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New mother was "unlawfully killed"

An inquest jury has found that a new mother was unlawfully killed when an epidural drug was mistakenly fed into her arm via an intravenous drip.

Filipino theatre nurse Mayra Cabrera, 30, died shortly after giving birth to son Zac, who survived, at Swindon's Great Western Hospital (GWH) in May, 2004.

After the delivery, Bupivacaine, a potent epidural anaesthetic, was wrongly fed into a vein in her hand.

The jury said gross negligence by Swindon & Marlborough NHS Trust, specifically sub-standard storage of drugs in the maternity unit, had led to the death.

The inquest at Trowbridge Town Hall heard that Mrs Cabrera, who lived in the town and worked at the GWH, died a short time later from a heart attack caused by Bupivacaine toxicity.

The jury of six women and three men took 17 and a half hours to reach its majority verdict.

Mrs Cabrera's widower, Arnel Cabrera, said in statement: "Mayra was my love and my life. On 11 May 2004 we were overjoyed when our son, Zac, was born.

"However our life together was ripped apart by the action of a midwife who failed to check the fluid she gave to my wife. She had six opportunities to check this fluid. Had she done so, Mayra would have been alive today."

Swindon & Marlborough NHS Trust

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What do you think should happen to this theatre nurse? Should she be allowed to continue to practice?  Please supply your name and location. Your details will not be published if you so request. (Terms and conditions apply)

"We all make mistakes and have to live with the consequences of them. Thank goodness few end up in such tragic circumstances - they become very steep and painful learning curves - it is important to admit these mistakes and ensure, through training and change in practices that they are not repeated. There are so many factors that make mistakes inevitable - understaffing, poor skill mix etc - however I do believe this nurse should not continue to practice. My heart goes out to the family, but also to the nurse, who will probably never forgive herself. Sometimes the responsibility of the job of nursing is overwhelming but incredibly satisfying" - Name and address supplied

"We all need to be more careful in this time of pressure" - Name and address supplied

I wonder where her support team were during this tragic and stressful incident. I know we have to take be accountable for our best efforts, but we (I) don't know her side of the situation. Maybe she asked the person prescribing the drug "Is this Ok?" & he/she ASSUMED (that dreaded word!). She knew how/where/when/ to do it. She ought not to take all of the blame although this is of course unforgivable" - Name and address supplied

"NO, NO, NO, NO. A total disregard for basic safety is unforgivable" - Name and address supplied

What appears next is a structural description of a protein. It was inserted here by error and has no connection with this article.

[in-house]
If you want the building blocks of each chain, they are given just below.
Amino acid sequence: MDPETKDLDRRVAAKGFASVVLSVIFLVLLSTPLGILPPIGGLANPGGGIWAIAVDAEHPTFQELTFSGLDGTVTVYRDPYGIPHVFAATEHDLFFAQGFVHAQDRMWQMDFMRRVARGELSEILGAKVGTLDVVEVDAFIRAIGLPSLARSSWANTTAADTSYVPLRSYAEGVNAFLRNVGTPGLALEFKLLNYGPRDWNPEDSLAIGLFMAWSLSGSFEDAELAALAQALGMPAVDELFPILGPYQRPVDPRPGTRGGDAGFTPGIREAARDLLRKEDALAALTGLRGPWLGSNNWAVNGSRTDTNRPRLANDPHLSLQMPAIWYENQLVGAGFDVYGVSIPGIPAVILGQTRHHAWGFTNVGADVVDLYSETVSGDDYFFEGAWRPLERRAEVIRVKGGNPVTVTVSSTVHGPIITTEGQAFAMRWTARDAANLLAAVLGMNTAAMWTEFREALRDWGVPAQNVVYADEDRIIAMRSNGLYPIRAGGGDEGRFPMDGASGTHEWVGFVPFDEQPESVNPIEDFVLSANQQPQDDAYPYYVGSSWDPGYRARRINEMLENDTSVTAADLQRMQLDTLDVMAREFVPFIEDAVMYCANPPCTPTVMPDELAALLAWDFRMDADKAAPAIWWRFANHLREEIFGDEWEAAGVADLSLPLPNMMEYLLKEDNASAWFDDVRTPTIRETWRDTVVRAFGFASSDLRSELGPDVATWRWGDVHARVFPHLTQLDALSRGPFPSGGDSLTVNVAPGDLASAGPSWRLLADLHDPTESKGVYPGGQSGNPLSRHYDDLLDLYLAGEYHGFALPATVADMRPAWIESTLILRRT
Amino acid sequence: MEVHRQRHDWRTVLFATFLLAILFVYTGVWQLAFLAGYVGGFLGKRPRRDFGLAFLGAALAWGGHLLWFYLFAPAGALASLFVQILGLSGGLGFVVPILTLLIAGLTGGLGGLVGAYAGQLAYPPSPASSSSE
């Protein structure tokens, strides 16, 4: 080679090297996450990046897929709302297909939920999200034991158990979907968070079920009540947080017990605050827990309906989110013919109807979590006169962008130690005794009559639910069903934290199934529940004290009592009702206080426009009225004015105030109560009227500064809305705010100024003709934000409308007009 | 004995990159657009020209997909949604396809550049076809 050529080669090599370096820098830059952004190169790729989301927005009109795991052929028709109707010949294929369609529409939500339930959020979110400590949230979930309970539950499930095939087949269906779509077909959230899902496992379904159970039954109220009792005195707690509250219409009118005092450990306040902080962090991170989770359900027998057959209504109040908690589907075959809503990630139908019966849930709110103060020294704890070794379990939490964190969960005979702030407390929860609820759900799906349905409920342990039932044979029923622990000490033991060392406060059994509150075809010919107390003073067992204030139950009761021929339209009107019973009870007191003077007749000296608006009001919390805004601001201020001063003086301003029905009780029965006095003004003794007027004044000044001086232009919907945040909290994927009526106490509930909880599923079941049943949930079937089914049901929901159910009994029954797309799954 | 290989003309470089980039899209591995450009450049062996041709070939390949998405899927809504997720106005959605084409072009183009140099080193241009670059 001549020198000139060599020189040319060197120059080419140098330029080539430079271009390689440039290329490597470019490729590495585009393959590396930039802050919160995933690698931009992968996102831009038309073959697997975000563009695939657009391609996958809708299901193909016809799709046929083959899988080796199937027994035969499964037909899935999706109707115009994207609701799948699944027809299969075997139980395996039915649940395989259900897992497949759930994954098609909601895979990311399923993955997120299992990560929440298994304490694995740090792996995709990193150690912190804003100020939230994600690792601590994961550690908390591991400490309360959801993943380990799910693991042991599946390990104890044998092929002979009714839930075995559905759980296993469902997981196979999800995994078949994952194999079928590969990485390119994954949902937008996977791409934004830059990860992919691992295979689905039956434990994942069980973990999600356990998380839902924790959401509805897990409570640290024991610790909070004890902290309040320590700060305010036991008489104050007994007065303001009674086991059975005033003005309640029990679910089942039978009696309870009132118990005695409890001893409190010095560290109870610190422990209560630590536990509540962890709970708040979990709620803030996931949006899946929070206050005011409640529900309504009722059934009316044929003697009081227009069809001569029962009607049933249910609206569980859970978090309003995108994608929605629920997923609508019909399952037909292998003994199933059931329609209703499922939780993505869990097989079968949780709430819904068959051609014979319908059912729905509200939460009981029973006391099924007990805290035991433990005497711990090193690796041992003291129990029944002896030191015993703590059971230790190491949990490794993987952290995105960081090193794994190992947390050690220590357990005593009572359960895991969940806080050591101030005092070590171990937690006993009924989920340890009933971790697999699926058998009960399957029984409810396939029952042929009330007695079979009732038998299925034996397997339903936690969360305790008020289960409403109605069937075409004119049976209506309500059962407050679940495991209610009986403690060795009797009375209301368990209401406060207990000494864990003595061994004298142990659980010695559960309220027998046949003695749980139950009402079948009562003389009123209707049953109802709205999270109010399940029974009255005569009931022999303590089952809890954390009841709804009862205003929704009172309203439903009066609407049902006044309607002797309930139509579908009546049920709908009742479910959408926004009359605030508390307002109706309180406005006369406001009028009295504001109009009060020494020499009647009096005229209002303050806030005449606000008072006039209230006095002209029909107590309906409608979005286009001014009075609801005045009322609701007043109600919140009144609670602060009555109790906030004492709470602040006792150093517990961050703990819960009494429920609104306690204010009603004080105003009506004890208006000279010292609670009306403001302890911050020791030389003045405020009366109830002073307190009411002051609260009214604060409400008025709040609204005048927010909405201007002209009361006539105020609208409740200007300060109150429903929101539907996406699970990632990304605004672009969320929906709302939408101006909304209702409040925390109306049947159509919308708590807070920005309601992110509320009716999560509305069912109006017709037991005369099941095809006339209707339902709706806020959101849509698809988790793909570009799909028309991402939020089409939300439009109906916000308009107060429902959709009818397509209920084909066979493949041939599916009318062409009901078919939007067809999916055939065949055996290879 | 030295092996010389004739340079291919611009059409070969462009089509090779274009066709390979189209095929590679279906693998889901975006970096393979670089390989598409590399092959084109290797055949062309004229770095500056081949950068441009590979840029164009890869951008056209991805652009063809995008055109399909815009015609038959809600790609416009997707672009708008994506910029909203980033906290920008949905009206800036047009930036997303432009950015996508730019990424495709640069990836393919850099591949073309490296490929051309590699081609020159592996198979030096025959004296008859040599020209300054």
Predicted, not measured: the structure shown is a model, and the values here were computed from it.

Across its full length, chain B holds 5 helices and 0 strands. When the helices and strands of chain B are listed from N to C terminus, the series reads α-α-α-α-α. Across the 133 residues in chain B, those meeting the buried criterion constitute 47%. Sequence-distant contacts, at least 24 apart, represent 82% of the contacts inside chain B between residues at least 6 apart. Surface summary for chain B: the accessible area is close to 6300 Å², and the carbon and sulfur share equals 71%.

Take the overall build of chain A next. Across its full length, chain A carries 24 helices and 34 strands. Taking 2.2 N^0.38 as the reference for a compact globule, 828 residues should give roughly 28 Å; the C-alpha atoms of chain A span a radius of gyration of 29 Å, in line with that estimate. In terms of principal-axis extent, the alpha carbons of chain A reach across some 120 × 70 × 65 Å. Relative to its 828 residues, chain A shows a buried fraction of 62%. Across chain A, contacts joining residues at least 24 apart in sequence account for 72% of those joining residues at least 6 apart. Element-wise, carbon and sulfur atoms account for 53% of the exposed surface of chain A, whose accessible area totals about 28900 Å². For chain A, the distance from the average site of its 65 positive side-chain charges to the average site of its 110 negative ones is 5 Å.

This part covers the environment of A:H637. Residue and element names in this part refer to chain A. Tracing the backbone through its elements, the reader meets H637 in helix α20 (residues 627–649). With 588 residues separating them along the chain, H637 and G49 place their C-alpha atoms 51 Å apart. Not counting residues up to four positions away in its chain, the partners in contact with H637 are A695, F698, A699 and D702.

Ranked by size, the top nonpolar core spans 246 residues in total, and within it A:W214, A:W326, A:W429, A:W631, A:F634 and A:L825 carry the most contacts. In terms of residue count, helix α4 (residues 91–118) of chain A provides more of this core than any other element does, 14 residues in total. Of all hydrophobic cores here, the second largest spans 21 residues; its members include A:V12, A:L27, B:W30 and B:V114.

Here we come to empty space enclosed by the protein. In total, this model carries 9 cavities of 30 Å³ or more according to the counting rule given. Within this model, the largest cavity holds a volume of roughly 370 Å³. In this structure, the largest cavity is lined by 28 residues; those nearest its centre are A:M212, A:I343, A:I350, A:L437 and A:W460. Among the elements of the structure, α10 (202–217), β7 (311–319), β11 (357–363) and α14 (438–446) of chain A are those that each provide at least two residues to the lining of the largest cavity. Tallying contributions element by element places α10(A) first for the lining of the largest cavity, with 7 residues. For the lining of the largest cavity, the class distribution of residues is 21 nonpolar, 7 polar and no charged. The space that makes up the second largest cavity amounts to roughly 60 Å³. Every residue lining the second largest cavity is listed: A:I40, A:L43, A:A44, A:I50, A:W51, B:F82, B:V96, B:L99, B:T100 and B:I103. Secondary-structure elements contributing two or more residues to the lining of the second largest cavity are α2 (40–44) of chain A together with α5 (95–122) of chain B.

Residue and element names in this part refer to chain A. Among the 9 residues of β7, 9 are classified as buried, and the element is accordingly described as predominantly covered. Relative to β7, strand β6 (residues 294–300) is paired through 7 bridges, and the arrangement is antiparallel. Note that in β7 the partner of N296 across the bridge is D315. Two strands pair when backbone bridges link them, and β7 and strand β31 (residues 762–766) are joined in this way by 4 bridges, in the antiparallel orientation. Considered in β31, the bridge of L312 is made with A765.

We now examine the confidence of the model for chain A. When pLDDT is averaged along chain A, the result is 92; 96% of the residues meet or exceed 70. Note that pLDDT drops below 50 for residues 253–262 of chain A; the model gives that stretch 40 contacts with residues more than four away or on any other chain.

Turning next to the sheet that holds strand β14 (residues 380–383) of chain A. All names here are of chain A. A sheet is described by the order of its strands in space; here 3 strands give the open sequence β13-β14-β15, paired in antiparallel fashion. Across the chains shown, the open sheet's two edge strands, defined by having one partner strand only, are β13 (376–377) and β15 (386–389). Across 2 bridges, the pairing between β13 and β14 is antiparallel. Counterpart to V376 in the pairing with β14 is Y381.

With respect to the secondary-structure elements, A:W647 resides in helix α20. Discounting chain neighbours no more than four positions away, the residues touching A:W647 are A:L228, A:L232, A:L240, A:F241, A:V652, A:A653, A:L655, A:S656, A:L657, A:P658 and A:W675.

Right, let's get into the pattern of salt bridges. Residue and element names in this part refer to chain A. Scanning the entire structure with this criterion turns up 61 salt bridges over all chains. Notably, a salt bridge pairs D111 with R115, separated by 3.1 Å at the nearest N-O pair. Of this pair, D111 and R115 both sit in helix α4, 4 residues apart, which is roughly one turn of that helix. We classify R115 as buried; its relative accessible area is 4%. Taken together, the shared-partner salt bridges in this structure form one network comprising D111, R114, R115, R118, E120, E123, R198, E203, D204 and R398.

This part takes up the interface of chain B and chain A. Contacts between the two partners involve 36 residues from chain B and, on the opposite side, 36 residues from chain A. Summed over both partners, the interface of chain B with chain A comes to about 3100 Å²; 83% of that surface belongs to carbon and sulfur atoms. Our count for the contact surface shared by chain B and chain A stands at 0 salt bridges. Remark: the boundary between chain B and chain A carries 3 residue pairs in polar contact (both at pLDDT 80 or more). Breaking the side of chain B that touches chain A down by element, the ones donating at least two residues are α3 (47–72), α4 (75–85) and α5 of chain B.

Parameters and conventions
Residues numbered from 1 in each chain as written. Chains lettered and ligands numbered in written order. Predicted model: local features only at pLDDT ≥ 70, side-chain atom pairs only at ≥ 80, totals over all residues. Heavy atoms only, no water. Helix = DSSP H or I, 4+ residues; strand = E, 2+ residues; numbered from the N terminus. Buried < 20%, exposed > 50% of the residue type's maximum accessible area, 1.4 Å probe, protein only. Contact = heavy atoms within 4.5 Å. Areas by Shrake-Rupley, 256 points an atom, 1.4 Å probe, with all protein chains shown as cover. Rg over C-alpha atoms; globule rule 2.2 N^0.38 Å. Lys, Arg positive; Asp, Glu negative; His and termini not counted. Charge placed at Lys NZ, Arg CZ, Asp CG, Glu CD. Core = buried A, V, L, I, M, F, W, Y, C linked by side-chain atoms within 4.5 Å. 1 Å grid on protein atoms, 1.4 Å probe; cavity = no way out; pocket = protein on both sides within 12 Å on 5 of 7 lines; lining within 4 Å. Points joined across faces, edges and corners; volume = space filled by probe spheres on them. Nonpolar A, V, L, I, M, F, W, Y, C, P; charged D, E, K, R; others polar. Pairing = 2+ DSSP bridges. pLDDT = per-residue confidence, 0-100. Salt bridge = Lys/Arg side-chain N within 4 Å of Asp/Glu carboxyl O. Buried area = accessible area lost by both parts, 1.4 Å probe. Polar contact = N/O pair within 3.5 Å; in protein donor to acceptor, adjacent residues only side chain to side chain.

"She made a huge mistake but for the grace of God it could have been any other nurse in a pressurised health service. I think this nurse will punish herself for life, she doesn't need us to judge her. She needs training, supervision and support to continue in her job" - Name and address supplied

"I think the nurse should undergo a period of active suppervison in order to establish her suitability to deliver independent care. I think she should not be assigned any complex duties such as administration of drugs until she is deemed competent. An investigation needs to be properly done as to why such a gross mistake was allowed to occur and standards set to ensure that this will not happened again, no matter whom the nurse is" - Name and address supplied

"What a terrible tragedy. The poor nurse who administered the drug is going to be hung out to dry, as nurses often are, regardless of what happened or any doctor's involvement. Apart from [Beverley] Allit, no nurse enters the profession with the intention of harming anyone and she will also be a life long casualty of this dreadful mistake. When I worked in the hospital there was a dreadful shortage of staff (and still is although they officially deny it) and it was all too easy to get swept away in the pressure of an emergency scenario. There was poor management of drug storage in many areas, not just maternity, and I often wondered when such a tragedy would occur.  The hospital had a huge influx of Band 5 nurses, particularly from abroad, who are not as accustomed to challenging the orders of the doctors or yelling for them to wait while they get drugs properly checked. That takes confidence from more senior and experienced nurses who became a casualty in the recent cull of Band 6 and 7 nurses (of which I am one) to save money. By allowing the nurse concerned to continue practising will be an insult to the family and the justice system; alternatively there was no malice intended and it was a mistake I don't suppose she will ever make again.  She was unlucky enough to get "caught" by a mistake that many nurses make every day without such tragic consequences, and it is wrong for any nurse to get on her high horse and demand draconian punishment for what, hand on heart, many do every day.  It would help matters if the nurse concerned did not continually deny any wrong doing in what is emerging as obvious liability. I would like to see the management of the trust and the government with their swingeing cuts take a proportion of the blame" - Name and address supplied

"Honestly I don't think she should be allowed to continue to practice. Mistake happens but when it costs the life of somebody, it's very serious" - Name and address supplied